From Newcastle-Upon-Tyne, Edenthorn formed back in 2013. So far, two albums, The Maze (2015) and 2018’s ‘Exist’ along with a commitment to live performance, have cemented a reputation as an up and coming outfit. Place them under ‘ones to watch’. Not to be thwarted by any global pandemic, the back end of 2020 has seen them release two singles: A Matter Of Opinion and the excellent 1993 along with the promise of a new album in 2021. Meanwhile, while their star is in the ascendency, Faiba Gabrielle who plays bass with the band, joins us at the barrier to write about why she loves Pink Floyd.
Anybody that really knows me well, knows that I absolutely adore Pink Floyd. My parents were big influences on this though. Pink Floyd’s music was the soundtrack of my childhood. Dark Side Of The Moon was introduced to me at just 6 months old and according to my parents, was the only album that stopped me from whinging… Fast forward 29 years later and it still has the same effect… HA!
I remember writing a dissertation with A Momentary Lapse Of Reason blasting in my headphones. It was that loud that even my dad (who I may say didn’t have the best of hearing) told me to turn it down because he couldn’t concentrate on his crossword! Come to think of it this is probably why I also don’t have the best hearing…whoops!?There is something about their music that just draws me in, in a totally different way to any other song or band I listen to. This may sound odd but the music and especially the guitar solos aren’t just music and solos to me, they speak and tell a story.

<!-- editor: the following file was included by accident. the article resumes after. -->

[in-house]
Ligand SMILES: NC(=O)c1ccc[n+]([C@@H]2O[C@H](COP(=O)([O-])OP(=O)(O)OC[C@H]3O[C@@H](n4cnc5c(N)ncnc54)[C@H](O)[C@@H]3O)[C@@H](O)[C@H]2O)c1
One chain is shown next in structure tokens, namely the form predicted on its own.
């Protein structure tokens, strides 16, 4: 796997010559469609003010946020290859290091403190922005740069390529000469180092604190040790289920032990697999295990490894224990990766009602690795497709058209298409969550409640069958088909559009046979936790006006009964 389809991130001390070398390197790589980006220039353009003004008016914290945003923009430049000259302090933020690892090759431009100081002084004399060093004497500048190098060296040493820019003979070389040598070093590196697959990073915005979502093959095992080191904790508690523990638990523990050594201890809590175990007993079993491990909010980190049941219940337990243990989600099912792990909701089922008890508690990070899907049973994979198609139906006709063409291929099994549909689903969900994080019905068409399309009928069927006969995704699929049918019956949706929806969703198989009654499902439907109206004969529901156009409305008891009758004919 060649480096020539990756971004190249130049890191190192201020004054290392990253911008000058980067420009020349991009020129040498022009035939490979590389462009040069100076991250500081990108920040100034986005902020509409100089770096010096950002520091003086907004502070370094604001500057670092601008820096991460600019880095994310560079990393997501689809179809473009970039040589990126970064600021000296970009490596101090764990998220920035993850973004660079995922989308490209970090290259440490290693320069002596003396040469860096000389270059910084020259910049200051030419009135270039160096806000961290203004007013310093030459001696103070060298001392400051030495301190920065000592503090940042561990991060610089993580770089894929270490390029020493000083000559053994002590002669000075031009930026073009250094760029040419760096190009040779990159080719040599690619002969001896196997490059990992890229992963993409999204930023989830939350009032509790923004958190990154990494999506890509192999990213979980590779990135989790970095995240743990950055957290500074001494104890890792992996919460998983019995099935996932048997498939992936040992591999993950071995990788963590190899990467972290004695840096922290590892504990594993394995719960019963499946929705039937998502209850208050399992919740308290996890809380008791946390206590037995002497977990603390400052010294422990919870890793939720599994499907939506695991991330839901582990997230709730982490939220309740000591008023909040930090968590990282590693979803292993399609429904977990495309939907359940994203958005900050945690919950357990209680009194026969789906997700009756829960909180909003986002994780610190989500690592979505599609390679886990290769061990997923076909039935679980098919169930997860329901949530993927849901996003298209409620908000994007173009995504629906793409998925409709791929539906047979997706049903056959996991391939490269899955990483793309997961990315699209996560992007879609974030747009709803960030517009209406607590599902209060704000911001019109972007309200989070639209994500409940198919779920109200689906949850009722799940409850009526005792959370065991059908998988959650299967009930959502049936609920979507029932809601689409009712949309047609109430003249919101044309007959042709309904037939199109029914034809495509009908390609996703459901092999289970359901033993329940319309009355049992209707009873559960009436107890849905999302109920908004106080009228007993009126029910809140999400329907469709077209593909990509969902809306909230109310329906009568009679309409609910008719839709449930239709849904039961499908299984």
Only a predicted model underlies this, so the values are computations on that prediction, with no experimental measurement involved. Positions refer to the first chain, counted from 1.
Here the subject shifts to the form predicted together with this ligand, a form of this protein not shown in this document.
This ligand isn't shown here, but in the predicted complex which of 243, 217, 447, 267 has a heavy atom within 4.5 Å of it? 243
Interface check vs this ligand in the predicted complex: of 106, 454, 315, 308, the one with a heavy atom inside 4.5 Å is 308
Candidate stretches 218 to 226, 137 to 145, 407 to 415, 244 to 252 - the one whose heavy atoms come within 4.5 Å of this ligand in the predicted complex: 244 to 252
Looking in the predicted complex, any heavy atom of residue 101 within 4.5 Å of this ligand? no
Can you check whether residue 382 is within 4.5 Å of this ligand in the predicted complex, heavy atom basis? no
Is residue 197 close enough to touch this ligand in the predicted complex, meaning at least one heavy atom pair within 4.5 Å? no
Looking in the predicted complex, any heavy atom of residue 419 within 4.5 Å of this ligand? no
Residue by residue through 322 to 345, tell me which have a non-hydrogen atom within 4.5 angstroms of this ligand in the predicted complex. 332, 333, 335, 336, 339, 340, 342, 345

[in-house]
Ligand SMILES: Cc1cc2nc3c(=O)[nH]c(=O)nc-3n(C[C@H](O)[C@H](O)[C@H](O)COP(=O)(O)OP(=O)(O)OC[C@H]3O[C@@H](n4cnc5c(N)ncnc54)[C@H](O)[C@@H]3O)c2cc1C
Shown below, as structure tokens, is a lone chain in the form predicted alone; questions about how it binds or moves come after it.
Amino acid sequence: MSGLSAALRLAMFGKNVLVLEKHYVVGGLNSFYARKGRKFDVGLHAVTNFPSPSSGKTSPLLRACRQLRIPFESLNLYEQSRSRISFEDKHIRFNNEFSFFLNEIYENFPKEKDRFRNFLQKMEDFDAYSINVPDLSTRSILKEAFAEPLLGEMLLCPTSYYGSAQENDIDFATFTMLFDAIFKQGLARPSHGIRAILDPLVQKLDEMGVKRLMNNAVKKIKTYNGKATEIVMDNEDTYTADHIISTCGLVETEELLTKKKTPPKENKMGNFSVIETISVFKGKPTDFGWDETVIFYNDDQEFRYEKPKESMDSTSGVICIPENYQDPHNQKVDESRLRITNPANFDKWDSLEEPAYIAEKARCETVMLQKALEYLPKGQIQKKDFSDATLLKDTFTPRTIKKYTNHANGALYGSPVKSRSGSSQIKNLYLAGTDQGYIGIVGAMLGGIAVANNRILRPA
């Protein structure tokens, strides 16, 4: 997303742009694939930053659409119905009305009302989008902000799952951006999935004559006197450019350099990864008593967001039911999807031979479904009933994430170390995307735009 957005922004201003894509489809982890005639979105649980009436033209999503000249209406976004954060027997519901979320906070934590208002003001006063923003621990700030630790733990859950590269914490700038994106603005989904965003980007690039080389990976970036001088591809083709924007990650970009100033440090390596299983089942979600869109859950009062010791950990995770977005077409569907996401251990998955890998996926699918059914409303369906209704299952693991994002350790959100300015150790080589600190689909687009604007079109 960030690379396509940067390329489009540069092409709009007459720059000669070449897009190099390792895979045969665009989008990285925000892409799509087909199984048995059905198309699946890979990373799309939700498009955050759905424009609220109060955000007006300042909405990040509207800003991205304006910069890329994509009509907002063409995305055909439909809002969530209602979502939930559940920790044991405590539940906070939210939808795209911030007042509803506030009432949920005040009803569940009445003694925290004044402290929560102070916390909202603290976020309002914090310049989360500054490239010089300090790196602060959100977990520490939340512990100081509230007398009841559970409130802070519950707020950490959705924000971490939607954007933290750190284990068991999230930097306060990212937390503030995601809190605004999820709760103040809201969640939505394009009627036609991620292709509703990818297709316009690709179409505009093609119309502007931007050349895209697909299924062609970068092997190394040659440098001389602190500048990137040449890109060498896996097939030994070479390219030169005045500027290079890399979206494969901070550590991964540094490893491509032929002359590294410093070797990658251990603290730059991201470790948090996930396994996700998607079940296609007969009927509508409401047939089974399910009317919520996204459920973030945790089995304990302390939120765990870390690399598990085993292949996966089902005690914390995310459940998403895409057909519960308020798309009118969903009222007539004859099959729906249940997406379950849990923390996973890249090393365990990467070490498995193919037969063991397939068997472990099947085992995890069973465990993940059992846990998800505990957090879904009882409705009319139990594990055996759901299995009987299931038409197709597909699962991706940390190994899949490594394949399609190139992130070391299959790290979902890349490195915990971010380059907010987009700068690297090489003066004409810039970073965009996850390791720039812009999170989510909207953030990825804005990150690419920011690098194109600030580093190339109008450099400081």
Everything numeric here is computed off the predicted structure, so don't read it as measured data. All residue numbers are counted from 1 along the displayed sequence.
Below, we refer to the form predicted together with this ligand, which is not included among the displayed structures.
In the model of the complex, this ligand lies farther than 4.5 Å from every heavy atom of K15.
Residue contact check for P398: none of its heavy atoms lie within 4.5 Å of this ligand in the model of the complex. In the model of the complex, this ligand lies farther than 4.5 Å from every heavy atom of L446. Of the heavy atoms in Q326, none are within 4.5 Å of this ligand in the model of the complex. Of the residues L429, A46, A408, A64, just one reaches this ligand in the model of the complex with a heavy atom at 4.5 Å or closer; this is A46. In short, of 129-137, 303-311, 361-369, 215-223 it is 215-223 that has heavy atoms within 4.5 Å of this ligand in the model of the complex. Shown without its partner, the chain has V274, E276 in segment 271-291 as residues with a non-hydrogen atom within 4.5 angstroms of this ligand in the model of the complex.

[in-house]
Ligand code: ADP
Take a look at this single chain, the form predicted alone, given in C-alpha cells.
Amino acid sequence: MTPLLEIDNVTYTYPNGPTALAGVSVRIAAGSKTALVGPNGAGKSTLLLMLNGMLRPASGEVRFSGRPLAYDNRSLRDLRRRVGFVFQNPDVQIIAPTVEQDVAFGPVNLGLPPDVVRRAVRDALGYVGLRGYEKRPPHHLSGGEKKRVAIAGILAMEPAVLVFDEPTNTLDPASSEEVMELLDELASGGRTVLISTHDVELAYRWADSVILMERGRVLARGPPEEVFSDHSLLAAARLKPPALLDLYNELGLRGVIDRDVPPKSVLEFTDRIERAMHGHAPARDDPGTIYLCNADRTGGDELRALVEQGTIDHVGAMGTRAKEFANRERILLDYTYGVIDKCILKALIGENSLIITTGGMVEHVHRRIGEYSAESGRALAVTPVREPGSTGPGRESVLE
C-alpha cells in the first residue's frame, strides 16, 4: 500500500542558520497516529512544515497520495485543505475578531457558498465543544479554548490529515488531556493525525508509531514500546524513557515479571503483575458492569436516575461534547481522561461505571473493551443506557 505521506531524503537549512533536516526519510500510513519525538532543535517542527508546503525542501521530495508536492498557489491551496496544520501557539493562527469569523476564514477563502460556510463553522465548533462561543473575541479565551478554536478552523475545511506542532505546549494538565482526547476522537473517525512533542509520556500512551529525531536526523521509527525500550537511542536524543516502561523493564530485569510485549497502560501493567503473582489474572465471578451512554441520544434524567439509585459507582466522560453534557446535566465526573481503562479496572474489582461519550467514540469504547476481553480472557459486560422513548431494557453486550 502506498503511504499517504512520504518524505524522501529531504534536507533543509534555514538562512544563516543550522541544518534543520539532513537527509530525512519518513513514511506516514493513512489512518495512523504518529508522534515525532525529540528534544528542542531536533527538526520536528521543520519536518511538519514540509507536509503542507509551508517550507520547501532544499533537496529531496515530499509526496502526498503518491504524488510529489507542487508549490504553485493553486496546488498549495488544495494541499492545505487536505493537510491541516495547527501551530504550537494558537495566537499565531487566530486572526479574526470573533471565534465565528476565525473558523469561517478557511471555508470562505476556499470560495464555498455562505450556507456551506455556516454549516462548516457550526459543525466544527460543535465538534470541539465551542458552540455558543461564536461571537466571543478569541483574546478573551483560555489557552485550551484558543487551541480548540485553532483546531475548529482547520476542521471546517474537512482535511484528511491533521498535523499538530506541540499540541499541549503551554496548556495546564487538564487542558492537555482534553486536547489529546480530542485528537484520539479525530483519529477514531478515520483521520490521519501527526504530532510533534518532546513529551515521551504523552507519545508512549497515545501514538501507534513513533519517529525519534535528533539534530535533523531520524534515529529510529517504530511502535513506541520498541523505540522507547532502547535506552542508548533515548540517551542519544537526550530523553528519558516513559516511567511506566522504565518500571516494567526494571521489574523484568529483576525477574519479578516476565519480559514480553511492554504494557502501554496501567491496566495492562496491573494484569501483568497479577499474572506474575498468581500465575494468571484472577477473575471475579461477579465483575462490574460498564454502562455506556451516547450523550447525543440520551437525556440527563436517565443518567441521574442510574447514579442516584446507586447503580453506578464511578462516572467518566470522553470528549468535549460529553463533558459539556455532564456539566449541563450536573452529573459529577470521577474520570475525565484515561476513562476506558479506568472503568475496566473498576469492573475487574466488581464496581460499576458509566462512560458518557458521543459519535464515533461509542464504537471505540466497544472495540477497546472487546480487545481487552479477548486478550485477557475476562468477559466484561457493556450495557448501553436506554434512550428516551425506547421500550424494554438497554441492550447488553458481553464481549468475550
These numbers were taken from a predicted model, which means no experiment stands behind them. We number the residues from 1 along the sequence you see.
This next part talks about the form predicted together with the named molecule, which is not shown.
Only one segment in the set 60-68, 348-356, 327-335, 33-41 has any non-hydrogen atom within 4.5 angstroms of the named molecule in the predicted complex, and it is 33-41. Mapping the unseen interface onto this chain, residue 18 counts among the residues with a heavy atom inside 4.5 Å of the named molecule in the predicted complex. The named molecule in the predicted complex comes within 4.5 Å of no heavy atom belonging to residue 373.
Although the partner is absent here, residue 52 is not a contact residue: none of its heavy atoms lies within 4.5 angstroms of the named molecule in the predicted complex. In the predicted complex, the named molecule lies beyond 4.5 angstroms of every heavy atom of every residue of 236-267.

To me, everything about their music just fits into place and blends perfectly. The tone of Gilmour’s guitar just touches somewhere deep in my soul and I feel – as clichéd as this may sound – that the music is speaking to me. I think this is what makes Pink Floyd such a Marmite-like band. You have to be able to let go and just get lost in the music to really understand what they are trying to say. Obviously, I never got to see them live but their recorded concerts were also played on repeat in our household when I was growing up. The stage shows, the lights, the musicians, the giant pig, the TV playing behind them, the music, the backing singers.
As a child, I wanted to be one of those backing singers so bad. In primary school, we had a show and tell once a month and I took a TAPE (wow) of Great Gig In The Sky in and attempted to sing/wail along. Safe to say there is no video evidence of this (thank god). When I began playing bass at around 15 years old, Run Like Hell was one of the first songs I learned. I then, along with my younger sister (who played the drums) and Dylan my brother (guitarist in Edenthorn) formed a band and we practiced every single day in our living room. The neighbours must have LOVED us. Along with all sorts of other songs, we learnt the whole of Dark Side Of The Moon from start to finish. Us And Them was always a favourite of mine to play and sing.
I definitely feel that it was Pink Floyd’s music that inspired me to pick up the bass. As well as the guitar, I always found myself humming along to the bass lines. Sorrow is so simple but drives the whole song along and gets stuck in my head for days on end. Same with Another Brick In The Wall, Pt 2. That is a bassline I wished I had written. It is one of the grooviest, rhythmic yet simple bass lines ever! I think the bass is quite an overlooked instrument in any band, but to me, the bassline can totally transform a song from being boring to memorable. You don’t have to be riffing all over the place either, some of the simplest basslines are in some of the most popular songs.
Our thanks to Faiba for joining us and sharing her passion for The Floyd (and particularly for Sorrow…)
Here’s the video for the new Edenthorn single, 1993:
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